R&B and Pop fell into the cloud, and now it's raining house tracks.
You can see the generational divide forming as each new track descends from the heavens. On one side, tThose who loved Beyonce and Usher in their former incarnations as the purveyors of a more robust, Hip-Hop influenced R&B sound, and those of Generation Now (A generation in mind, not age), who wonder why it took so long to marry these genre's together.
The uptempo chartbusters seem so seamless and integral now; so why did it take so long to get her? R&B's inability to step too far away from the streets is a likely cause, as was the pop cash-cow, playing it safe for guaranteed album sales. It took house producers remixing their favourite pop and r&b tracks to convince these artists (and their record companies) that splicing genre's was a good thing.
Lets take a look at who are the top (dance) pop/r&b producers of today.
1. Dr Luke (Katy Perry's Teenage Dream)
2. Max Martin (Usher's DJ got us fallin in love)
3. Stargate (Rihanna's Only Girl in the world)
4. Benny Blanco (Ke$ha's We R who we R)
5. JR Rotem (Jason Derulo's Ridin' Solo)
Now, lets look at what these guys were doing 5 years ago
1. Dr Luke (Kelly Clarkson - Since you've been gone)
2. Max Martin (Kelly Clarkson - Since you've been gone)
3. Stargate (Ne-Yo - So Sick )
4. Benny Blanco (Spank Rock - Bangers & Cash)
5. JR Rotem (Rihanna - S.O.S.)
So we've gone from defiantly Hip-Hop, Pop or R&B tracks, and injected them with a euro-dance sensibility. Why now? I'm sure when Dr Luke and Max Martin were crafting perfecto-rock for Kelly Clarkson, they were also wondering why dance diva's weren't also successful?
A lot has happened to music in general in the last 10 years. The Berlin wall of record company compartmentalization has collapsed, and musical looters have run riot on the internet creating hybrids of hybrids of hybrids. It all began when a DJ under the moniker of Freelance Hellraiser dropped A Stroke of Genius, mashing the Strokes garage guitar sound against the winsome vocals of Christina Aguilera. It worked.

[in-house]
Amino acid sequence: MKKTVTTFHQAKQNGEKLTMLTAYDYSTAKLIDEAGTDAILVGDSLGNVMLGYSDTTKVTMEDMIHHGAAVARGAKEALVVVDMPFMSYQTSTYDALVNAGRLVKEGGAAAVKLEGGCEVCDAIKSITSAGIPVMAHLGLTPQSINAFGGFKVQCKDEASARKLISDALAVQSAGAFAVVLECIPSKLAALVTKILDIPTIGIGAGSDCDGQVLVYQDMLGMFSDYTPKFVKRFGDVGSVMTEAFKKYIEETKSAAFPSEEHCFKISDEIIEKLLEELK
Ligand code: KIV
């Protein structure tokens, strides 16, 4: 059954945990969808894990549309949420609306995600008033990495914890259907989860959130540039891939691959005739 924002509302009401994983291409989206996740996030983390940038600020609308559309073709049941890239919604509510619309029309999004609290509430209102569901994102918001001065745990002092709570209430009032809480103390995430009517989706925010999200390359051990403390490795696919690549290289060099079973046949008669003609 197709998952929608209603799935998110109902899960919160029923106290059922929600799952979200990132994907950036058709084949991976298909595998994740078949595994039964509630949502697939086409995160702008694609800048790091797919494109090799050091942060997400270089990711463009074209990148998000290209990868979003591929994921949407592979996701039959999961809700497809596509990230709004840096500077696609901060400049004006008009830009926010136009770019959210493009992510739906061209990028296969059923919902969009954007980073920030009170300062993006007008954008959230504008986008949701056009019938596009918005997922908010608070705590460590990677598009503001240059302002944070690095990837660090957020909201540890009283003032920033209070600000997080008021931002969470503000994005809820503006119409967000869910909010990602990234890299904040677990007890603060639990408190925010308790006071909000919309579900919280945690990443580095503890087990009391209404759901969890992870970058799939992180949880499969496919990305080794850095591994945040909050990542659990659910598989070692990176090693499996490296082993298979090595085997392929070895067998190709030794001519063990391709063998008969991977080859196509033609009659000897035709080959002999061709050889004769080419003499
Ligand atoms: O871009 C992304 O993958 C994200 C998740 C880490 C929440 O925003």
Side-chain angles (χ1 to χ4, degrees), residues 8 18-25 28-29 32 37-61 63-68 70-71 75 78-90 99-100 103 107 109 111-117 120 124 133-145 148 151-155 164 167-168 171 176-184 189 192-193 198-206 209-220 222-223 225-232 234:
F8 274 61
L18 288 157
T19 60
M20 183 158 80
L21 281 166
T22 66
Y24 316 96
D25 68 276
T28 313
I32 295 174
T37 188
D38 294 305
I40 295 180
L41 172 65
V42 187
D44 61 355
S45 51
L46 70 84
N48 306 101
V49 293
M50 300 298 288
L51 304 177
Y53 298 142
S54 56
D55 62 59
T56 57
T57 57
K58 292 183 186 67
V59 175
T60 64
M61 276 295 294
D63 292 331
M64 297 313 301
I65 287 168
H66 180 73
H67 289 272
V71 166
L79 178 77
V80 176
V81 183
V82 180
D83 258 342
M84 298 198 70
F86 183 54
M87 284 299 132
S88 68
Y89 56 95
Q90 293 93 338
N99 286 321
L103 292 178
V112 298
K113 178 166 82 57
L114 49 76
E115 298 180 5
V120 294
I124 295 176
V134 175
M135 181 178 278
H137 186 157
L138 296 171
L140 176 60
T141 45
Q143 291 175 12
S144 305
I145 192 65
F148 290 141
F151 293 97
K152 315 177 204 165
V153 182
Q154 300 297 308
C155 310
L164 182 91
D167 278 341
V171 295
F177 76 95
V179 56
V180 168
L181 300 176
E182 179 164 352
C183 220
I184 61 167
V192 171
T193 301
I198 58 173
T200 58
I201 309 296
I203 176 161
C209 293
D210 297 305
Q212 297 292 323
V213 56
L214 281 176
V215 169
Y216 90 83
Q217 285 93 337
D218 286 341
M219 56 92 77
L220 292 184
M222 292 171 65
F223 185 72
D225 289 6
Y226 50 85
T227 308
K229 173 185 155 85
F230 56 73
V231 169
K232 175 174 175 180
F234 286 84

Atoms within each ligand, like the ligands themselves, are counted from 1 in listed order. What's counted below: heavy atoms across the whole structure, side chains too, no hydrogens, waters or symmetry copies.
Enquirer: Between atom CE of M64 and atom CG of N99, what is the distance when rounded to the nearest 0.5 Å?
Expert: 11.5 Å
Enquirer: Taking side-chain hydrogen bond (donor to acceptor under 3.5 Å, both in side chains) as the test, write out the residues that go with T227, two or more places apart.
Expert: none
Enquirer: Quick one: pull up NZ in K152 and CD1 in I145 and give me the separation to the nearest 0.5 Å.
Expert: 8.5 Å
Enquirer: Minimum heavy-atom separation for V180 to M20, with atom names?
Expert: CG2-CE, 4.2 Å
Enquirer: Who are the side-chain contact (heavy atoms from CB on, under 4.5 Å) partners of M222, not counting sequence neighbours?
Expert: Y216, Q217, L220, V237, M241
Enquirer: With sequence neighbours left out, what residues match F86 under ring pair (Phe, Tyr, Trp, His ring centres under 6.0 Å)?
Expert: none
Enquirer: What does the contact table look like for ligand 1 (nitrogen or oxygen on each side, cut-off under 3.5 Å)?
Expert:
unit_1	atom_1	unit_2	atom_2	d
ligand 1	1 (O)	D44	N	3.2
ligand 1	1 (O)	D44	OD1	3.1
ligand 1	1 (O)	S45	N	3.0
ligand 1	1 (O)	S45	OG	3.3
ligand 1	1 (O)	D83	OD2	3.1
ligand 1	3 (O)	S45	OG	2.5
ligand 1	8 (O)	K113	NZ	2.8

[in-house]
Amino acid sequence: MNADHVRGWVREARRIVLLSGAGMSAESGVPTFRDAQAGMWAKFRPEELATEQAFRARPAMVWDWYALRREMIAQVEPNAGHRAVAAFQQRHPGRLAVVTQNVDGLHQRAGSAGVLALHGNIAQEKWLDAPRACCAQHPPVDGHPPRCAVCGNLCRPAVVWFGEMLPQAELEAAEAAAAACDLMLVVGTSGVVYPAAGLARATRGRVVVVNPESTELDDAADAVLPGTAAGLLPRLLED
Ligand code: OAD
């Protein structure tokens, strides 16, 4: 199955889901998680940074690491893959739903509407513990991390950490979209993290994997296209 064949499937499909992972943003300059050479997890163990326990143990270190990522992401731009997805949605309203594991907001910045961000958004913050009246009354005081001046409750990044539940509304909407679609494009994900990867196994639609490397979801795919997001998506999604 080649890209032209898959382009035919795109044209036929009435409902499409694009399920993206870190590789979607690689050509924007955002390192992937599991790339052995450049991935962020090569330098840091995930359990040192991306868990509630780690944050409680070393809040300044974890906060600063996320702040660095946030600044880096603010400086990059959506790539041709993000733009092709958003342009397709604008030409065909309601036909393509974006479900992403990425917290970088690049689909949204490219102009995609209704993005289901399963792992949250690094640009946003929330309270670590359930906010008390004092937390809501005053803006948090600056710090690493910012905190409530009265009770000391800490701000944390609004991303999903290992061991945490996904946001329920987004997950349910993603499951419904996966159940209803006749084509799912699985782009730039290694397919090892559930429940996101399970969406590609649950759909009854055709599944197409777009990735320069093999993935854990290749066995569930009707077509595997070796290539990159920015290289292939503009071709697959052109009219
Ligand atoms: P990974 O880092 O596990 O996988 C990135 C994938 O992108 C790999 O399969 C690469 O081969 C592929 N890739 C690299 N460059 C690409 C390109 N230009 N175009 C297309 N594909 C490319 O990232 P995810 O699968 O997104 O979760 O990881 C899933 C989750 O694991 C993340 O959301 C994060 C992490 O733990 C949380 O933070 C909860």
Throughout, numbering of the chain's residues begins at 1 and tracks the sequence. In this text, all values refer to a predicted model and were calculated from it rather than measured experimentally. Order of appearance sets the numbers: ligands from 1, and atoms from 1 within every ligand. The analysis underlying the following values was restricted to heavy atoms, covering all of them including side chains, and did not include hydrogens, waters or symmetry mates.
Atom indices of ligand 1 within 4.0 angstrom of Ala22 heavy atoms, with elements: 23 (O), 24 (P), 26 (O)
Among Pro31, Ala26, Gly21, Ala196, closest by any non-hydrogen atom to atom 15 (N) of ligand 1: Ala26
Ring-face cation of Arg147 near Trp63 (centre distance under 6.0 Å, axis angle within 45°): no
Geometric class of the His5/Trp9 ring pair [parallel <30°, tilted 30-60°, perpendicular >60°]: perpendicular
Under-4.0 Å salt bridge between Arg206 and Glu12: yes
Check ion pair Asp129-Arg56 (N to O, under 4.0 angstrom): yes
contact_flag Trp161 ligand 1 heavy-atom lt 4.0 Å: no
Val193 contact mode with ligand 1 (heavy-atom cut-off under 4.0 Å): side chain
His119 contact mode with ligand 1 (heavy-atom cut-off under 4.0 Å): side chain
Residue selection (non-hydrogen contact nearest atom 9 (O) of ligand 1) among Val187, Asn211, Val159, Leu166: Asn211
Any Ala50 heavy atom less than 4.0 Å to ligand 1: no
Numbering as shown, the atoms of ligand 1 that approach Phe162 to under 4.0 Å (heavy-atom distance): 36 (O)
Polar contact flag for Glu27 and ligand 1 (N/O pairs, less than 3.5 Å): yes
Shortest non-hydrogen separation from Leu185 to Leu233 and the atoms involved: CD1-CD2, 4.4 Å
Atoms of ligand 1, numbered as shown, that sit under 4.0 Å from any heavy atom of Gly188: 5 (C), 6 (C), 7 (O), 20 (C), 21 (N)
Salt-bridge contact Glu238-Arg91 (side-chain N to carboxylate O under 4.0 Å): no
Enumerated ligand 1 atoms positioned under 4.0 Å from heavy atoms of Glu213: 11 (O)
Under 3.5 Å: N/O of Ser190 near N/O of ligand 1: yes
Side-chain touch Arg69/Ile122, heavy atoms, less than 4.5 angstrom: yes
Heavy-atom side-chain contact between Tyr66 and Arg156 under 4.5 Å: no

So when Belgian duo Two Many DJ's released As Heard on Radio Soulwax Pt. 2 in 2002, they mixed a slice of Bobby Orlando in with Felix Da Housecat's house classic 'Silver Screen Shower Scene', and a classic compilation was born. The mash-up era had begun, and although it was still in its infancy, it's modus operandi had been set in stone: There were no rules.
With the prevalence of mash-ups and the maverick attitude of 'If it feels good do it', up-and-coming DJ's and producers felt more comfortable mixing genres, just to see what happened. By 1994, Daft Punk was rocking out before their time on Human After All, LCD Soundsystem was beginning making the rock kids dance, and Robyn showed that pop ingenue's can have some balls too.
In terms of the US at least, this is where Will.I.Am comes in. The erstwhile Black Eyed Pea and uber-producer spent downtime whilst the Pea's were on hiatus, checking out the dance clubs of the world, from Ibiza to Sydney. Convinced that he could infuse his Hip-Hop joints with dance sensibility and still retain a sense of sincerity and honesty in the music, Will set about re-defining urban music in his Auto-tuned image. The result was 'The End', a record that, if we're honest, is not sincere or integral, but did achieve its aim. It got the dance-floors moving.
The success of Black Eyed Pea's opened the door for European pop producers to indulge the dance-floor and raid the pop charts with House, Techno and Electro. Americans such as JR Rotem and the Euro-trained Dr Luke followed, and the next thing you know, the pop charts are chock-full of dance influenced tracks.
As with any musical trend, it's bound to fade out at some stage, with the cyclical nature of popular music dictating that another hot new sound will take its place. It won't disappear though, good music never does, and those dedicated to making the honest and sincere pop and r&b records with dance music as a major influence will continue to flourish on the fringes of the pop community, long after the chart success is gone. This is no more evident than in the micro trend capital of the world - England.
Bass music's resident diva-in-waiting Katy B's new album was released this week, and I popped it on the i-phone, and I heard the sounds of something more than just chart-topping elevator music. In each track there were possibilities for pop and r&b's future, and it was all borne out of the ashes of Garage and Grime, Dubstep and UK Funky. It was vital and real, something urban british music achieves time and again, to little fanfare.